Wednesday, 29 June 2011

The unforgivable sin?

It’s strange now looking back at the church of my teens, now that I know so much more about church types and history. Then it was a mostly rather disorganized and occasionally mystifying place in which I endured an hour of boredom now and again. My faith disappeared around the time one of the saner members of my family did.

Partway through my time there, my secondary school acquired a closer link with the CofE and we were subjected to compulsory communion services in the school hall. At around the same point the Alternative Service Book came out and the wording of the service was rearranged imperceptibly. At the time I had no idea why this was happening, and I can’t say which of several alternatives were being used. I do remember thinking there was something odd about using a random one of the stackable plastic tables off which we would eat our lunch in a couple of hours as a communion table/ altar. (I guess I was destined to turn into an Anglo-Catholic.)

The assemblies on non-communion days were also religious, of course. As a non-believer and non-singer I used to feel faint when squashed in the too-small hall with several hundred other kids on hot days as they all droned out some dirge-like hymn or other accompanied by thumping piano, occasionally varied by something very militaristic or awful seventies schlock.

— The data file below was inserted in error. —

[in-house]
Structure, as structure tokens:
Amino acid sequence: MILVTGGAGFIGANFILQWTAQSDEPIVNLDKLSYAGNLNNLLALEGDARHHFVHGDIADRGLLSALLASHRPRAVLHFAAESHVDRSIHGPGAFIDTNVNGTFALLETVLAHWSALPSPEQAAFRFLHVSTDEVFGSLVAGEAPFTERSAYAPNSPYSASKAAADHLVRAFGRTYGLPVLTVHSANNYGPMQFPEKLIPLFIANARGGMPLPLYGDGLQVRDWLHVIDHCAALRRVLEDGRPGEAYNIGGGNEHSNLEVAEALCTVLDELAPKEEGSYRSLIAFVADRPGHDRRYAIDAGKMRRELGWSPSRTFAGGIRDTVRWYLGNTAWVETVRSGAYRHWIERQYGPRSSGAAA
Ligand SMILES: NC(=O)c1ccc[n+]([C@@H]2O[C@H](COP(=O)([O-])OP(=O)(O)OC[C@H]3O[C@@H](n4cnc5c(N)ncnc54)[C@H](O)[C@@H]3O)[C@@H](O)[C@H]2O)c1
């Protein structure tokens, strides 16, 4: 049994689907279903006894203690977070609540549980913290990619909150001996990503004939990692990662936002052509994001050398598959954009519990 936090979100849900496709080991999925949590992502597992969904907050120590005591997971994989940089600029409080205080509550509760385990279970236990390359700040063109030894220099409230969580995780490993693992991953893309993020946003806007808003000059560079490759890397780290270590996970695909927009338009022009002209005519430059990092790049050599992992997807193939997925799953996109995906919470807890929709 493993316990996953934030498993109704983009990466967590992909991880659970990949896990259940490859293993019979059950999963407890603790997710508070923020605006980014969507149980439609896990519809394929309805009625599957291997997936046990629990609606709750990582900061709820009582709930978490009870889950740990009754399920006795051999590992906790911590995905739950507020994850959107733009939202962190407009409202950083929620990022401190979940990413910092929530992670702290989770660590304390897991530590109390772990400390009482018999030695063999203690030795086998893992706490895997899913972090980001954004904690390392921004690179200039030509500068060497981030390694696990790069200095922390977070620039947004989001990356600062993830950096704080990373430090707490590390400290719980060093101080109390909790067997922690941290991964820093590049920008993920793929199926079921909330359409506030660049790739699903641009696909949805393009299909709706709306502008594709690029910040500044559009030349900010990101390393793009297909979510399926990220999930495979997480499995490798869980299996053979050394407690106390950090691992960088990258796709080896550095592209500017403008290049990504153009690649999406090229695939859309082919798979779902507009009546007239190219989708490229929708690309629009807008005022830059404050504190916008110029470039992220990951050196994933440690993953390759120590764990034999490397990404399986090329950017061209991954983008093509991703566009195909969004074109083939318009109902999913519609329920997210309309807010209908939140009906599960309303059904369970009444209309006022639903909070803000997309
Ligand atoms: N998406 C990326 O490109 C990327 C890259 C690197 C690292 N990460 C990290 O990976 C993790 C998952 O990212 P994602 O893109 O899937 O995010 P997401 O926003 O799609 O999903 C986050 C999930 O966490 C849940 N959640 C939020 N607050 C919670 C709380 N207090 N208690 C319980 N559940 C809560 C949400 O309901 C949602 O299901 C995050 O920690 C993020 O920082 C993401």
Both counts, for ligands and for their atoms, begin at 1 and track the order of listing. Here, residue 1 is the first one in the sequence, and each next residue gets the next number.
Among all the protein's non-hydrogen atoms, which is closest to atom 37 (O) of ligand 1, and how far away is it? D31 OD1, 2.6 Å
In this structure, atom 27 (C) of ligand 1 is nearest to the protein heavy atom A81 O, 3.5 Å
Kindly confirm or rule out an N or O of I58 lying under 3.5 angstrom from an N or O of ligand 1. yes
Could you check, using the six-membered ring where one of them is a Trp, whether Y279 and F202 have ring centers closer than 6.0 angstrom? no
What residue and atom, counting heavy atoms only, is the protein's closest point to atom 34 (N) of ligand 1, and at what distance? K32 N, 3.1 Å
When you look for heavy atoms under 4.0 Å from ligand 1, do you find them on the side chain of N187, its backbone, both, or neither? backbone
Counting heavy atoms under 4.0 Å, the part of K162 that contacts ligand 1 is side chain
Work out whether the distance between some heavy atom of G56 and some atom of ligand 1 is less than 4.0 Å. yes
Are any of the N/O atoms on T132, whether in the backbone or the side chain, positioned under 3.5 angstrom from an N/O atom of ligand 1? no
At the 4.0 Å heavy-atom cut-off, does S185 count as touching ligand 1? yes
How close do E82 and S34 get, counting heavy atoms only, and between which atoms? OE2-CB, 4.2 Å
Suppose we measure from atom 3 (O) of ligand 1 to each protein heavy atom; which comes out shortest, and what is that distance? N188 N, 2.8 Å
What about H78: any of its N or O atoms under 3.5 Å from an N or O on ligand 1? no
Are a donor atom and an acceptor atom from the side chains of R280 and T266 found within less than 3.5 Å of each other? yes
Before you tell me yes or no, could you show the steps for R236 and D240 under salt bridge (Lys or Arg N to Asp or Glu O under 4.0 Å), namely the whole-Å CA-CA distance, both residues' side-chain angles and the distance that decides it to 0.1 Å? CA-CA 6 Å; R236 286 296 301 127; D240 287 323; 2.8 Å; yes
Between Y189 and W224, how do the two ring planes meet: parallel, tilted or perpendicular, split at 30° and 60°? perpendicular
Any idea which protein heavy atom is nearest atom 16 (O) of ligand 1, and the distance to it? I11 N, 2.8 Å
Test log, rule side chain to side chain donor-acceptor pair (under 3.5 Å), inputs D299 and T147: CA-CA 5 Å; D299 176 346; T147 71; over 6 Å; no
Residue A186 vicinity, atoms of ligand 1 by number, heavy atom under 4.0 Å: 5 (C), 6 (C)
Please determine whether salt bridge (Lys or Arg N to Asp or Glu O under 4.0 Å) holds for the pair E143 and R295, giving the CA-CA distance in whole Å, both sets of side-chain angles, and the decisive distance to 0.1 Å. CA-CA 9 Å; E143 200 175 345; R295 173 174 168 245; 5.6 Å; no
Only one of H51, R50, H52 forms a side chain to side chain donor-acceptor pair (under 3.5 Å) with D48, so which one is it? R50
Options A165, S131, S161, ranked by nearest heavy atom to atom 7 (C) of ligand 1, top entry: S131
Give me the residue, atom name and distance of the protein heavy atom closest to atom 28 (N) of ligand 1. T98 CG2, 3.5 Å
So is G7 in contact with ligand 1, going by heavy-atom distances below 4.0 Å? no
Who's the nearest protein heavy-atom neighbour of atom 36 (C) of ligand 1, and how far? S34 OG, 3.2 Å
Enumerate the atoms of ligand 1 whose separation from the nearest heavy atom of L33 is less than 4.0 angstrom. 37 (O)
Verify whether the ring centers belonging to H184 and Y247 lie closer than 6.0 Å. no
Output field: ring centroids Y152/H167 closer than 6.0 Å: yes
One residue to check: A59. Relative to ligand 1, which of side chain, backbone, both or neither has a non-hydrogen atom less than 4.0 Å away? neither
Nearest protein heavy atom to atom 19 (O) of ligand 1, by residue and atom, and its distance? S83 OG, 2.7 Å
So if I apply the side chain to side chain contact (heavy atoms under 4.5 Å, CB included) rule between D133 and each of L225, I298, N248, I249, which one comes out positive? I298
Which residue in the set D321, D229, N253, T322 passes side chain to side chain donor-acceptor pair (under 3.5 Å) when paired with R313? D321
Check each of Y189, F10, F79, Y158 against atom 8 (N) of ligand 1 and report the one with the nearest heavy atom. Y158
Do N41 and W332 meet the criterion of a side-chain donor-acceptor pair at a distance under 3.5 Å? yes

There was usually an uplifting reading or story after the hymn, then a lot of administrative notices, occasionally a mini-prizegiving. One day the Bible reading was on the need to forgive our enemies seventy times seven, shortly followed by an announcement in the notices that Jane X had been “expelled for being unforgivably rude to a teacher.”

No one got it.

At the time I just assumed everyone in charge of that school was really, really dumb (I was a teenager). Now I wonder if one teacher thought there was something wrong with some of their values and put that reading forward for the day. (I’m not saying never exclude, just that your reasoning for the ratio of forgiveness to giving up on people needs to be up front and not contradictory.)

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